To support the breaching of a complex obstacle system, the 1st Brigade, 52d Infantry Division (M) will be supported by two mechanized smoke platoons, a decontamination platoon, a NBC recon squad, and a fuel support squad. The 89th Chemical Battalion is OPCON to the division. To provide a more responsive chemical organization to the 1st Brigade, the chemical battalion commander has decided to designate the 210th Chemical Co (Decon) headquarters as a chemical company team. The chemical platoons designated to support the 1st Brigade are attached to the 210th Chemical Co.
Chemical units can operate
under two types of relationships - command and support. Table 4-1 summerizes
command and support relationships and their inherent
responsibilities. Command responsibility and authority are established
through command relationships. Support relationships are established
to define specific relationships and responsibilities between
supporting and supported units. Command responsibilities, responsibility
for logistic support, and the authority to reorganize or reassign
component elements of a supporting force remains with the higher
headquarters or parent organization unless otherwise specified.
Chemical units can operate
under four command relationships: organic, assigned, attached,
and operational control (OPCON).
A unit that forms a part of
a unit and is listed in the table of organization. Organic chemical
units are found in armored, mechanized, infantry, airborne, and
air assault divisions and armored cavalry regiments. They may
be attached, under the operational control, or given a direct
support mission to subordinate elements in the parent organization.
They also may be retained in general support of the entire parent
Assigned units are placed
under control of higher headquarters, usually above division level,
on a relatively permanent basis. A chemical brigade is generally
assigned to corps. The chemical brigade has assigned chemical
battalions, companies, and detachments. The chemical brigade is
tailored to fit the corps based on the area of operations and
the enemy threat.
Assigned units may be attached,
placed under operational control, or given a direct support mission
to a subordinate element of the parent unit. Assigned units also
may be retained in general support of the entire parent command.
When a unit is attached to
another, usually a larger unit, it is mostly for an extended period
of time. Except for limitations imposed by the attachment order,
the gaining commander exercises command and control over the attached
just as over organic and assigned units. All command and logistic
responsibilities are his also, except for personnel transfers
and promotions. These actions are retained at the parent organization,
unless otherwise specified in the attachment order.
The 44th Chemical
Co (Smoke/Decon), 89th Chemical Battalion is attached
to the 1st Brigade, 52d Infantry Division (M). The
brigade commander can attach, place under operational control,
or place in direct support to any of his battalions or task forces,
the various chemical platoons of the 44th Chemical
Co. He can retain any platoon or all of them in general support
of the brigade. Therefore, he can task organize in a variety of
ways to best support his concept of the brigade mission. Commander,
89th Chemical Battalion has no command, control, or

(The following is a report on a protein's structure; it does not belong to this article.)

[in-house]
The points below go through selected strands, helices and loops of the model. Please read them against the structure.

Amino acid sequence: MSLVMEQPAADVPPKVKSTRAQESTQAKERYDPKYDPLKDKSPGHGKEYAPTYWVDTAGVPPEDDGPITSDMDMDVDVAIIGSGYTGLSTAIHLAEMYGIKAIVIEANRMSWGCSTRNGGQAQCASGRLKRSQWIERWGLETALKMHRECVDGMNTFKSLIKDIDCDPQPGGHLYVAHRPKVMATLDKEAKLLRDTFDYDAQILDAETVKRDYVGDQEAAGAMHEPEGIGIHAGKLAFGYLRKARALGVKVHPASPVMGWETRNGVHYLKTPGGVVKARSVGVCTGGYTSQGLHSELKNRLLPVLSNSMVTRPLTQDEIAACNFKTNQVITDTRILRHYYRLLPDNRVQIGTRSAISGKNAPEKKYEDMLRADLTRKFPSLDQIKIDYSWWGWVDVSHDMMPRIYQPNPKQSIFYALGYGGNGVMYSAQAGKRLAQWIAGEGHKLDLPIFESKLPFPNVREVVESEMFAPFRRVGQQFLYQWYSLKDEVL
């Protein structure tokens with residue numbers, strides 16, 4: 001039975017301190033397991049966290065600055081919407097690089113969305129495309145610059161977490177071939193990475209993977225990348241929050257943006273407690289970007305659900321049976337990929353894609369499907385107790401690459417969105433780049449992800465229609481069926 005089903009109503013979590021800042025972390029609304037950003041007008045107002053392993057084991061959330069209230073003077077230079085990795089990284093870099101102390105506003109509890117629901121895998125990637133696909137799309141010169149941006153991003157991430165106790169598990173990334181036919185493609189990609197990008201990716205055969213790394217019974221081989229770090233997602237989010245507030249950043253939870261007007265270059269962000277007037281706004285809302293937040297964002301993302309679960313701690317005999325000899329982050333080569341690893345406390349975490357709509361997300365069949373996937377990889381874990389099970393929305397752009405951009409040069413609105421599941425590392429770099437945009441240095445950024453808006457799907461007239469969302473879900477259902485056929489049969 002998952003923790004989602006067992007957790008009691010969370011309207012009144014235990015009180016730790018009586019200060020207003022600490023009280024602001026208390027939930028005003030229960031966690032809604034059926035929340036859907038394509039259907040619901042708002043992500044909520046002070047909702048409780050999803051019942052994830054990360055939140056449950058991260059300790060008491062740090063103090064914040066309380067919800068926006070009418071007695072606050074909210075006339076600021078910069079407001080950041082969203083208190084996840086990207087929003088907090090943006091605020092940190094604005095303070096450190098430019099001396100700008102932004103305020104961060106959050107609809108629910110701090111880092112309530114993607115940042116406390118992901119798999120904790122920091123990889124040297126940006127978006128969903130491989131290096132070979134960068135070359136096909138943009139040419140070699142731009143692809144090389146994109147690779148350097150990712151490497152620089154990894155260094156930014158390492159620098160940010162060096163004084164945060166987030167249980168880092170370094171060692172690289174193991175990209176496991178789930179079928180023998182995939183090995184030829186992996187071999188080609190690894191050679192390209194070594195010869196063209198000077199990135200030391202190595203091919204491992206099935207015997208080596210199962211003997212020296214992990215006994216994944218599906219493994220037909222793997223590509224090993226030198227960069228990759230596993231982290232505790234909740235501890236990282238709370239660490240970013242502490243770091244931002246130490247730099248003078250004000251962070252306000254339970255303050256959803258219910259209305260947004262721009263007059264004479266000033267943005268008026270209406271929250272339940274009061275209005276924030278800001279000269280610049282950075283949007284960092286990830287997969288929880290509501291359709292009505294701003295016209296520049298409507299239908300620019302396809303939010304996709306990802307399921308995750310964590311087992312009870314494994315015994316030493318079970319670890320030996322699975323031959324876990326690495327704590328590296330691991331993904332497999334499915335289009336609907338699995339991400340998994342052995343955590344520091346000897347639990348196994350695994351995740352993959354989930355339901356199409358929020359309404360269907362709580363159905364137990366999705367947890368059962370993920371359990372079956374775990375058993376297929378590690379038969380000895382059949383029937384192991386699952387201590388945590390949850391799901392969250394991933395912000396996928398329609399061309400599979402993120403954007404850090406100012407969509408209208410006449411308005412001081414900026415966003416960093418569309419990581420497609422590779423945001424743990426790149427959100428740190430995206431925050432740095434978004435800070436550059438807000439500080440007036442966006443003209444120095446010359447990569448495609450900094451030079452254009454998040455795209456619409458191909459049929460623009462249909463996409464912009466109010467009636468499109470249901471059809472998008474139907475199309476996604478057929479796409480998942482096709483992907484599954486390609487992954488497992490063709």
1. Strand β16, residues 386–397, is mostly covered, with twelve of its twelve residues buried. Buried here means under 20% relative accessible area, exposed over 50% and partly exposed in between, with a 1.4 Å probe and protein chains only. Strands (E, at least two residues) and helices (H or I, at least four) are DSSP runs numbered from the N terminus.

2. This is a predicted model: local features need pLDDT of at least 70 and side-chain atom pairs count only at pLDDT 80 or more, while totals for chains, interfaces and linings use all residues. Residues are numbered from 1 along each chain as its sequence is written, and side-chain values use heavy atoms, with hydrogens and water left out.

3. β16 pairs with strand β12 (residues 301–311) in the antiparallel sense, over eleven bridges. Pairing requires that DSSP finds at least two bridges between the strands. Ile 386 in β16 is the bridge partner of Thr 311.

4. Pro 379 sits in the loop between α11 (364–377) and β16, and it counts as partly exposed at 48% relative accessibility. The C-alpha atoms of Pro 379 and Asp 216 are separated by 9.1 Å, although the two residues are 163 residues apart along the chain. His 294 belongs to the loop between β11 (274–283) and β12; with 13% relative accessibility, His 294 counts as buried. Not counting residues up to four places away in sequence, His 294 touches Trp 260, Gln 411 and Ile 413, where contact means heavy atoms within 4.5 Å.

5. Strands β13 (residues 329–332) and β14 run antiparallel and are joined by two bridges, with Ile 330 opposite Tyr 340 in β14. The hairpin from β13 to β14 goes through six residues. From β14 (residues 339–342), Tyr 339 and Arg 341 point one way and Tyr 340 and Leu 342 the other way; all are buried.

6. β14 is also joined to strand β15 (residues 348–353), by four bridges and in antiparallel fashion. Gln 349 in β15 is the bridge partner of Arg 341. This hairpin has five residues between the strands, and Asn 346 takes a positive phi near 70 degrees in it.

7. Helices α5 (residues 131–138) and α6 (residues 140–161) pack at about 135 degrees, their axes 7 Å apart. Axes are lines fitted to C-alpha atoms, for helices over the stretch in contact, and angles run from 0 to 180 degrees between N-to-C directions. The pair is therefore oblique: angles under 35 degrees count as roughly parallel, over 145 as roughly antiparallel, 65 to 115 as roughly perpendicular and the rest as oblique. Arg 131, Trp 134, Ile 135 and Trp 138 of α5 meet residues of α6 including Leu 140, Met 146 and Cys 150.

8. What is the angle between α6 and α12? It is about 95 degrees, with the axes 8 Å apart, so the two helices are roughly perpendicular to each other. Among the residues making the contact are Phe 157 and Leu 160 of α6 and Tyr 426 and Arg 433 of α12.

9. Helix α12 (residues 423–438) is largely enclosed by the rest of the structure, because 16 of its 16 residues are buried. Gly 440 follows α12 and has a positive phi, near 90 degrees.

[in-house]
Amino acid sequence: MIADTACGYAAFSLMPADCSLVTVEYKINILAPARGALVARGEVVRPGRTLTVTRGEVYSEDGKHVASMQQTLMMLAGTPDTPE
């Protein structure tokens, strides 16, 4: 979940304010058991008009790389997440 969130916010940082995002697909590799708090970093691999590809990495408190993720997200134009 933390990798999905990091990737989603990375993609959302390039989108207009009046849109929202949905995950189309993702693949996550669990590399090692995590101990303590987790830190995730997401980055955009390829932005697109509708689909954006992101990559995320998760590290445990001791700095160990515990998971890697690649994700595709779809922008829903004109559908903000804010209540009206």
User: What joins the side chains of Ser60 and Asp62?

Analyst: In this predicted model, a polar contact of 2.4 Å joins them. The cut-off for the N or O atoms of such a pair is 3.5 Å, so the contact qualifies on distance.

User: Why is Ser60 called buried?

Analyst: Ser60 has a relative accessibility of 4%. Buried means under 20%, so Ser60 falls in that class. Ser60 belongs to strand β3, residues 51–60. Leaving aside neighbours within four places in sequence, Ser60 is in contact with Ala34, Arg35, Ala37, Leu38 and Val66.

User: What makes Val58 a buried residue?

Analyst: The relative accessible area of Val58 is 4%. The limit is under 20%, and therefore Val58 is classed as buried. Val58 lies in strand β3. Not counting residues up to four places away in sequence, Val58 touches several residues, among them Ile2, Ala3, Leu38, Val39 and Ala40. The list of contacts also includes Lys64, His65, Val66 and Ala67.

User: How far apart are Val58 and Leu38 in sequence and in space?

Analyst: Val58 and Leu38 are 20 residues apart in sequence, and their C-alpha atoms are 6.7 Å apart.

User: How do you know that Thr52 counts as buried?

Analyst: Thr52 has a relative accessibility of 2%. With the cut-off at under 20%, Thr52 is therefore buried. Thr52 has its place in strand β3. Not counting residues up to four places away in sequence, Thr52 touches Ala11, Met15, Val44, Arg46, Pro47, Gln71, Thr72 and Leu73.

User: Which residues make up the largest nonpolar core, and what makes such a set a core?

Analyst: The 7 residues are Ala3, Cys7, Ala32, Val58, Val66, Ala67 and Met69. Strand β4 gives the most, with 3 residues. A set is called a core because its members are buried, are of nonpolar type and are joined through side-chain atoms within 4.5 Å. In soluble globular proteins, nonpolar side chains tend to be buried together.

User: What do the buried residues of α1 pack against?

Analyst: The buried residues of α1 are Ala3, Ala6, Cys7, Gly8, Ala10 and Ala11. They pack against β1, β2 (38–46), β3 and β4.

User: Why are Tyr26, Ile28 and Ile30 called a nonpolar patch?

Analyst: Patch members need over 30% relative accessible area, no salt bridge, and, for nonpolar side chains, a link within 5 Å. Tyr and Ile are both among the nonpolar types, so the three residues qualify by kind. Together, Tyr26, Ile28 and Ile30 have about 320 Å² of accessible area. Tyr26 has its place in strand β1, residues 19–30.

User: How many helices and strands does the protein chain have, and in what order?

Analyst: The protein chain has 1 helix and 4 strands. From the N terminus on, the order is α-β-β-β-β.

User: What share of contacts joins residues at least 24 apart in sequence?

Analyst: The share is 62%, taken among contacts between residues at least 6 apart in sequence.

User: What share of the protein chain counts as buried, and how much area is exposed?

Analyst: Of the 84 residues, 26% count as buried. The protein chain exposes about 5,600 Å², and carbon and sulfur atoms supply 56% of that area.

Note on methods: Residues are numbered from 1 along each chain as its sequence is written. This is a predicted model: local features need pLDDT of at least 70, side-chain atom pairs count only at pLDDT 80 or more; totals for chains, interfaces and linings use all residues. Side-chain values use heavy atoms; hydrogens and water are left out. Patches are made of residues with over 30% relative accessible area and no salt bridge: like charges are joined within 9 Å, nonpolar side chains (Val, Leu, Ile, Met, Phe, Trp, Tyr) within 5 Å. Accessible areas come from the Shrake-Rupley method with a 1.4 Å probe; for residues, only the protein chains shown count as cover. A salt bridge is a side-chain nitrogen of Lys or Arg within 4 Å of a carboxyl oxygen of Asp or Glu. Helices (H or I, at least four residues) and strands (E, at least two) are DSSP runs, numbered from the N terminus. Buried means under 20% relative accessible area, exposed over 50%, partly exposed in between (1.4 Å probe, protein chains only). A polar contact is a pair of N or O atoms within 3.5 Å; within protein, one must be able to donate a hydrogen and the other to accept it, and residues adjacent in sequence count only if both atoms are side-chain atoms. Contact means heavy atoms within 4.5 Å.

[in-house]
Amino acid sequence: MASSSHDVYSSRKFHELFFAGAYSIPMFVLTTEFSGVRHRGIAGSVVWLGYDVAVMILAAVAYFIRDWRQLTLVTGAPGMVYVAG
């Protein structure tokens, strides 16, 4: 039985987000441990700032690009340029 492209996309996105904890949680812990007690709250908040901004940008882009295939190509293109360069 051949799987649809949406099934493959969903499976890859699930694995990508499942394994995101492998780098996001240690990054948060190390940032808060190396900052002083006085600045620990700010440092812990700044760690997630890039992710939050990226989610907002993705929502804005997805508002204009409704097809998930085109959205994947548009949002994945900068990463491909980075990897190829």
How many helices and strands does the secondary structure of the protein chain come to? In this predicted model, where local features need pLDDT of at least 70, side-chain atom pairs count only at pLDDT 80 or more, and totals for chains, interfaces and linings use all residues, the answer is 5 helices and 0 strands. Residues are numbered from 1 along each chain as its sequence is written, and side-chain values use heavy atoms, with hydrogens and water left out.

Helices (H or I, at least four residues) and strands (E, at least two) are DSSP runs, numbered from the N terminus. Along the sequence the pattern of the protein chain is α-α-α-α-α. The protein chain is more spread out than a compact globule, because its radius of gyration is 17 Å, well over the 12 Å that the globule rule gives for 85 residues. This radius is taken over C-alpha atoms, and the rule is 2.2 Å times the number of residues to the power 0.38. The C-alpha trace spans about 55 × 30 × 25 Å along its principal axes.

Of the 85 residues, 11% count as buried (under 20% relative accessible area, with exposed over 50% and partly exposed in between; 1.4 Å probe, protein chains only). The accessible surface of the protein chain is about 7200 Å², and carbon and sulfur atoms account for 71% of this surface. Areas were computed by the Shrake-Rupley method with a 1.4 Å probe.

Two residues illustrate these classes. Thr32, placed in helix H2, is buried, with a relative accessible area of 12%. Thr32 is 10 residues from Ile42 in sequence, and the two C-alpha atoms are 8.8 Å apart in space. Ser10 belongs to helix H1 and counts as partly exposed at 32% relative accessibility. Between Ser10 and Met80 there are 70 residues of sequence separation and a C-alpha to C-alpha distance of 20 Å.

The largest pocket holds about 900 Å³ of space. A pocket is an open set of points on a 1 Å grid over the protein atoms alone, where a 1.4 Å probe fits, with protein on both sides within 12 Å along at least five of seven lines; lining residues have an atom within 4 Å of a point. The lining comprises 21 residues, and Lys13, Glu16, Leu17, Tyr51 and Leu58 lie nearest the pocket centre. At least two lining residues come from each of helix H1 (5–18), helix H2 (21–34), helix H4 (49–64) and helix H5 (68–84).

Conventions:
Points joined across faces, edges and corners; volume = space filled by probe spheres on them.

logistical support responsibility for 44th Chemical
Co as long as it is attached to the 1st Brigade, except
for personnel matters such as transfer or promotion, unless specifically
stated in the attachment order. 44th Chemical Co establishes
and maintains communications with 1st Brigade and is
not required to maintain communications with the 89th
Chemical Bn. The forward support battalion supporting the 1st
Brigade provides logistic support to the company.
Attachment should be considered
when time or space preclude the parent headquarters' ability to
logistically support the unit or make timely command decisions.
Attachment permits the supported commander flexibility in task
organizing the chemical elements and tailoring them for responsiveness
to maneuver forces. An attached unit or its subordinate elements
may be further attached, placed under operational control, or
assigned a direct support mission to a subordinate unit. It also
may be retained in general support of the entire force.
With operational control (OPCON),
the gaining commander can use the chemical unit as he would his
organic units for mission accomplishment. This includes task organizing
subordinate forces, assigning tasks, and designating objectives.
However, the parent unit retains responsibility for the chemical
unit's logistical and administrative support, unless specified
in the order. For example, the gaining commander can be ordered
to furnish POL support to the unit.
The 44th Chemical Co (Smoke/Decon), 89th Chemical Battalion is under OPCON of 1st Brigade, 52d Infantry Division (M). The brigade commander can place any or all the platoons of the 44th Chemical under OPCON or DS to any of his battalions or task forces. He can retain any platoon or all of them in general support of the brigade. The brigade commander cannot, however, attach the chemical platoons to the battalions, because a commander can never pass on more command authority than received from higher headquarters. The Commander, 89th Chemical Bn is responsible for all administrative and logical support unless otherwise specified. The chemical battalion commander has no operational command authority over the company. The 44th Chemical Co establishes and maintains communications with 1st Brigade and maintains communications with the 89th Chemical Bn.